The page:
• Post bariatric patients must be at least 18 months after the weight loss surgery date
  • Stable weight for 2 months
  • BMI index less than 35 kg/m-2
  • H&P (history and physical) and a CBC blood test for medical clearance performed within 30 days of surgery
  • Stop smoking 3-4 weeks prior to the surgery
  • Stop taking aspirin, herbal supplements, and multi vitamins 2 weeks prior to surgery.
  • Schedule a pre-op appointment with your surgeon to ask questions and review the post op instructions
  • Read and sign the Informed Consent document which explains the risks and complications.
  • Get your post op medications filled out prior to your surgery date.
  • NPO after midnight the night before surgery

What is Body lift Post-Op recovery like?

The Body lift procedure is a major procedure and all normal activities may not resume for 6-8 weeks. Patients should plan to be out of work for 3-4 weeks. No driving is allowed for 4 weeks. A key component during your postoperative recovery period is the wearing of a compression garment, which is custom fitted at your pre-op appointment. In summary, the post operative recovery includes the following:
  • Day 1 - 7: Bed rest with only walking to the bathroom, drink plenty of fluids
  • First 5 days: Compression garment is worn continuously
  • Until day 5: No showering or bathing, do NOT remove the bandages or compression garment!
  • Day 5 - 6: Post op office visit to remove pain pump and drains, and change the compression garment
  • Day 6 - 7: You can shower!
  • Day 1 - 14: Report any fever greater than 101 degrees Fahrenheit, as this may be indicative of an infection
  • First 3 weeks: No work, planned activities, no driving
  • At 3-4 weeks: Return to light work
  • At 6-8 weeks: Resume normal activities

What are the risks and possible complications?

As with any surgery, there are risks and complications for Body lift surgery. These include, but are not limited to the following:
  • fluid accumulation
  • hematoma
  • seroma
  • infection
  • poor wound healing
  • skin loss
  • asymmetry or unfavorable scarring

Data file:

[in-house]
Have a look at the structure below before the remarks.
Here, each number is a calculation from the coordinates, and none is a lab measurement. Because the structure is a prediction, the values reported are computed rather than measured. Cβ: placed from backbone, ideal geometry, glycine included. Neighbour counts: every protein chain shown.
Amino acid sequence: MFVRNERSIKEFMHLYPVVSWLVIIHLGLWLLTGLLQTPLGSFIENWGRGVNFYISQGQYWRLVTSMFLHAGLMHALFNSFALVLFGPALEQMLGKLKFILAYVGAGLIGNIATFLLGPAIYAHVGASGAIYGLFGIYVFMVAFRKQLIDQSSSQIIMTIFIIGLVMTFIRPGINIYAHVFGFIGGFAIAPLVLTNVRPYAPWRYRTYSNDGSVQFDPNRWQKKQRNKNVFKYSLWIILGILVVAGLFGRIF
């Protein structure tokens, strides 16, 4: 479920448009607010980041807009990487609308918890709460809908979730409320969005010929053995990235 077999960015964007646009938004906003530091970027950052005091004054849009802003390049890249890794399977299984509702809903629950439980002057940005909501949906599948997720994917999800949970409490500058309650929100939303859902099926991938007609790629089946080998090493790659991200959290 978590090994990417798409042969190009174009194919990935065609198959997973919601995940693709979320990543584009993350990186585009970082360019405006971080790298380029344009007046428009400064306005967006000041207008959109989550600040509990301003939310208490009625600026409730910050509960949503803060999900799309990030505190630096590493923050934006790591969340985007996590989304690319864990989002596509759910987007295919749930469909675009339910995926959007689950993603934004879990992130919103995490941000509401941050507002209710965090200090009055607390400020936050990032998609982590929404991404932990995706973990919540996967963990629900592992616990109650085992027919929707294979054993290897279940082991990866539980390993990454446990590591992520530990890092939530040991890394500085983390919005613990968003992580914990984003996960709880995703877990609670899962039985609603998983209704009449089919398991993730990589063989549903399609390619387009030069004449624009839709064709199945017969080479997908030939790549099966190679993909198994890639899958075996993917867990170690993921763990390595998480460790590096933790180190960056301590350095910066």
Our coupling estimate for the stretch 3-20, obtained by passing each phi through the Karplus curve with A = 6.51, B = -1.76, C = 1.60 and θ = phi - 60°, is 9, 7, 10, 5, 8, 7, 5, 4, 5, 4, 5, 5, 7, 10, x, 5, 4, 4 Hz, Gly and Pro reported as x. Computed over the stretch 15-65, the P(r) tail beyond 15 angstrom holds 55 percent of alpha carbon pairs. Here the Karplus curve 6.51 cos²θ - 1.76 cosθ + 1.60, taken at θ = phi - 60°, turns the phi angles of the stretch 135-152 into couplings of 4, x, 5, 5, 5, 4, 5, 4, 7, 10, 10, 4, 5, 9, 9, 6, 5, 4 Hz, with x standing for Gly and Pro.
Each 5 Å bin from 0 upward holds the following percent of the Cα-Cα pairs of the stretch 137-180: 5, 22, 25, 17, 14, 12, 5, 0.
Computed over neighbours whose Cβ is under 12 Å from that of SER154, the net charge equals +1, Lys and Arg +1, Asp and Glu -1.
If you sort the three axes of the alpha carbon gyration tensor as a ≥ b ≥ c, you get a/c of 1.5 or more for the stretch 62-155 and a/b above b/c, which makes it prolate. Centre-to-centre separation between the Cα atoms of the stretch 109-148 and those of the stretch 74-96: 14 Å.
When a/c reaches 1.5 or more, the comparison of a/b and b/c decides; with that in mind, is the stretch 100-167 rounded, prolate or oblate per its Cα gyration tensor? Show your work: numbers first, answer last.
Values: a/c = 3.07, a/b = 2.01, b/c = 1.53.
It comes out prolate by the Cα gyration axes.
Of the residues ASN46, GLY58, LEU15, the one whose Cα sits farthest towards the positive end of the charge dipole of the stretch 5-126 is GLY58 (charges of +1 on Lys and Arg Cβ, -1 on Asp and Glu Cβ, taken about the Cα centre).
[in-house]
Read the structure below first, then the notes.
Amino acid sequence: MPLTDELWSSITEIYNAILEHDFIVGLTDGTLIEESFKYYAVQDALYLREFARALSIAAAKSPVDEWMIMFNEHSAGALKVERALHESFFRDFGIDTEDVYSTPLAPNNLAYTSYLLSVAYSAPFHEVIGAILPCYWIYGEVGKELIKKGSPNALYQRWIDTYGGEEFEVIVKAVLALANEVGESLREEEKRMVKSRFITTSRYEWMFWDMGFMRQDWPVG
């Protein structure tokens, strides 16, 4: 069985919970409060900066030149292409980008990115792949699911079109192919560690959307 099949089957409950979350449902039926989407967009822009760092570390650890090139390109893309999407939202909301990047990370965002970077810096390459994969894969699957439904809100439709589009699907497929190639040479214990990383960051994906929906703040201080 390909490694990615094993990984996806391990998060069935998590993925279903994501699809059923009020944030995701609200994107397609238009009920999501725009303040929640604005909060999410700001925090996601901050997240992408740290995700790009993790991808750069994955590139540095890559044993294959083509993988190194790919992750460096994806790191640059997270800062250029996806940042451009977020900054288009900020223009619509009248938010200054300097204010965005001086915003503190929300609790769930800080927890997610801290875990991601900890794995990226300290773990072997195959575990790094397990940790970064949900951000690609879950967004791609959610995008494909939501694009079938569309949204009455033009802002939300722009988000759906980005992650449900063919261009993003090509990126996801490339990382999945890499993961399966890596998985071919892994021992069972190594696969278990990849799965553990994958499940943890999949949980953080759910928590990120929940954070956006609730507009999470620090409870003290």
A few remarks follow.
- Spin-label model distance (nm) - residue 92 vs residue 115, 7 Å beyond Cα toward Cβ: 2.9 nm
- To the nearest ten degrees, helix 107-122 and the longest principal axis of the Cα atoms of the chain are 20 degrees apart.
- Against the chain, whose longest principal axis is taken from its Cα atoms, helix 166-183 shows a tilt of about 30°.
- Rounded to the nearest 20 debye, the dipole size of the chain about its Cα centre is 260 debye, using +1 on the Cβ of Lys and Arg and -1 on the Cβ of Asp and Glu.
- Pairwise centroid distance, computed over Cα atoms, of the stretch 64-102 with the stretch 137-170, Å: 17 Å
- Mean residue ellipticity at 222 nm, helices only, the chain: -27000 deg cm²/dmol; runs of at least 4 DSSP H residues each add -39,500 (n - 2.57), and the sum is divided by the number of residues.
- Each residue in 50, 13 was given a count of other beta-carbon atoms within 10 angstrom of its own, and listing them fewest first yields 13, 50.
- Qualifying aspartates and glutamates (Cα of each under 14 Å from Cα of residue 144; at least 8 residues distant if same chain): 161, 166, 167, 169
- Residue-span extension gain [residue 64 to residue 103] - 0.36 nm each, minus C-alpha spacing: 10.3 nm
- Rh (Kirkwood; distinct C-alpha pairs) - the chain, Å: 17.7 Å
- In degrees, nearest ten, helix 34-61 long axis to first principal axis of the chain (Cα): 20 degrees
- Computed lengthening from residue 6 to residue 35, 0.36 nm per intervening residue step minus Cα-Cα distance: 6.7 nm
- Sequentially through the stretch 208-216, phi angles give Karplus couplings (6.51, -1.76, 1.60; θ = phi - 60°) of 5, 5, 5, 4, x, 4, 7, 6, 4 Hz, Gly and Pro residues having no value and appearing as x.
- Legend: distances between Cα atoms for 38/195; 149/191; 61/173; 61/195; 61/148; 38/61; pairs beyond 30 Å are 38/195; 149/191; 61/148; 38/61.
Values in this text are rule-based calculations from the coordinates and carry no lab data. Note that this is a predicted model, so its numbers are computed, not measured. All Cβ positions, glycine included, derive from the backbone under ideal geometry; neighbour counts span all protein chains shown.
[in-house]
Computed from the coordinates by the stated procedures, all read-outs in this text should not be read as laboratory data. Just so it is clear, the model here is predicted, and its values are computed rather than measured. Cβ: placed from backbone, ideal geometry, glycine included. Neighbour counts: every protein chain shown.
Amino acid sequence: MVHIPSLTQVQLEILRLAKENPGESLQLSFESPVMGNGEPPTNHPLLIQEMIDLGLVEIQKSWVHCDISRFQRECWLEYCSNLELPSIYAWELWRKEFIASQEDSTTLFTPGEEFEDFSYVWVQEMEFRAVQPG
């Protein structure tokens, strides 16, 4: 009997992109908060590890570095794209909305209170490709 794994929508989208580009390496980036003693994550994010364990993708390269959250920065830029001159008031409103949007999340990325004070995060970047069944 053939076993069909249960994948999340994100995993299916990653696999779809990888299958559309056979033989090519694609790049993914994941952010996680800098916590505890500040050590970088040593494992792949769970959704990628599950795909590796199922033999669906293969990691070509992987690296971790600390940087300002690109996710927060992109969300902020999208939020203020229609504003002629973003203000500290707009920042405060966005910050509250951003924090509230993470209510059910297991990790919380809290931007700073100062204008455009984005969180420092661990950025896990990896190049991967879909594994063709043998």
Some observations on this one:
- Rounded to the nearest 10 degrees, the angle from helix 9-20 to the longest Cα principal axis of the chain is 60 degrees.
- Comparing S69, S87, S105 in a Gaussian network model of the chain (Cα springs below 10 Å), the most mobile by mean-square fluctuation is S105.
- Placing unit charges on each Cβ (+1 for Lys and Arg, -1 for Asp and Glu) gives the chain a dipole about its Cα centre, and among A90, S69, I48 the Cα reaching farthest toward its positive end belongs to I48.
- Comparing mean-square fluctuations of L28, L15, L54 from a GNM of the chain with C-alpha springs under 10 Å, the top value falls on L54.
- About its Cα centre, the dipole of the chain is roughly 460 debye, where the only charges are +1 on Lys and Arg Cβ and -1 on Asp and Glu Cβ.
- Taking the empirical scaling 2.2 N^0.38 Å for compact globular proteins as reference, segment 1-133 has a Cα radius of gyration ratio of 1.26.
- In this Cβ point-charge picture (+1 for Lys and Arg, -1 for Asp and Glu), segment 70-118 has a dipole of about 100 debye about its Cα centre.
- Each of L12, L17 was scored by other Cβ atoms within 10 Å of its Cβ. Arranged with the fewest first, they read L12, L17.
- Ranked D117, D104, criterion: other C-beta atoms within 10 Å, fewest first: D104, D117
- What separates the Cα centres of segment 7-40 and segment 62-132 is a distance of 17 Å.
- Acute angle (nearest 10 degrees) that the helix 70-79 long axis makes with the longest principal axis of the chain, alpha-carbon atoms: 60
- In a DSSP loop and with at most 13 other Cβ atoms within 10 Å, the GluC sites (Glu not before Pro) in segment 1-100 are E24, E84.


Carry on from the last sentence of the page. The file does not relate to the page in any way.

• DVT, or deep vein thrombosis (primarily with General Anesthesia)
  • revision surgery

Body lift complication and revision rates

A June 2017 publication (Vol 139, issue 6) in Plastic and Reconstructive Surgery entitled “Safety of Outpatient Circumferential Body Lift: Evidence from 42 Consecutive Cases” analyzed 42 consecutive outpatient Lower body lift procedures to determine complication and revision rates for the procedure. Average follow up period for patients was 10.4 months. The takeaway of the study was:
  • 36% of all patients who undergo Body lift procedure will have a complication
  • 1 in 4 patients will have wound separation during the post op period (and can be addressed in the office or clinic)
  • 1 in 4 patients will necessitate a revision in the months following the surgery
Complication rate among the 42 patients was 36% with all complications resolved post operatively in the clinic. The diagram below shows the types of complications experienced by the 36% of patients: Body lift complications and revisions chart.
24.0% wound separation (generally wounds over the sacrum)
4.7% seroma requiring drainage
2.4% abscess requiring operative drainage and antibiotics
2.4% cellulitis
2.4% urinary retention
This publication also calculated the Body Lift revision rate. Revision rate among the 42 patients was determined to be 26% with the majority of revisions to improve the appearance of the scar. In this study, there were no deaths, venous thromboembolic events, hematomas, transfusions, or hospitalizations among the 42 lower body lift patients studied.

How much does a Lower body lift cost?

The Body lift cost varies depending on the number of hours required in the operating room. Some patients have more excess skin than others, and the procedure operating room time can be longer. Total Body Lift prices for 2024 are as follows:
Body Lift Prices 2024 Price (exp 5/1/24)
Body Lift- 7 hr $17,500
Body Lift- 9 hr $21,000
Prices include the surgeon's fee, operating room fee, anesthesia fee, garments, Exparel injection, and all post op visits.

Pink money box.Can I finance my Lower body lift?

Yes, we work with a number of finance companies so that you can have a low, affordable, monthly payment. Please call the office at 410-494-8100 or see our financing section for more information.

Dr. Ricardo L. Rodriguez's signatureModified on |
Board Certified Plastic Surgery, ASPS Member


Patients depicted in our before and after galleries have provided their written consent to display their photos online. Every patient is unique, and surgical results may vary. Please contact us if you have any questions.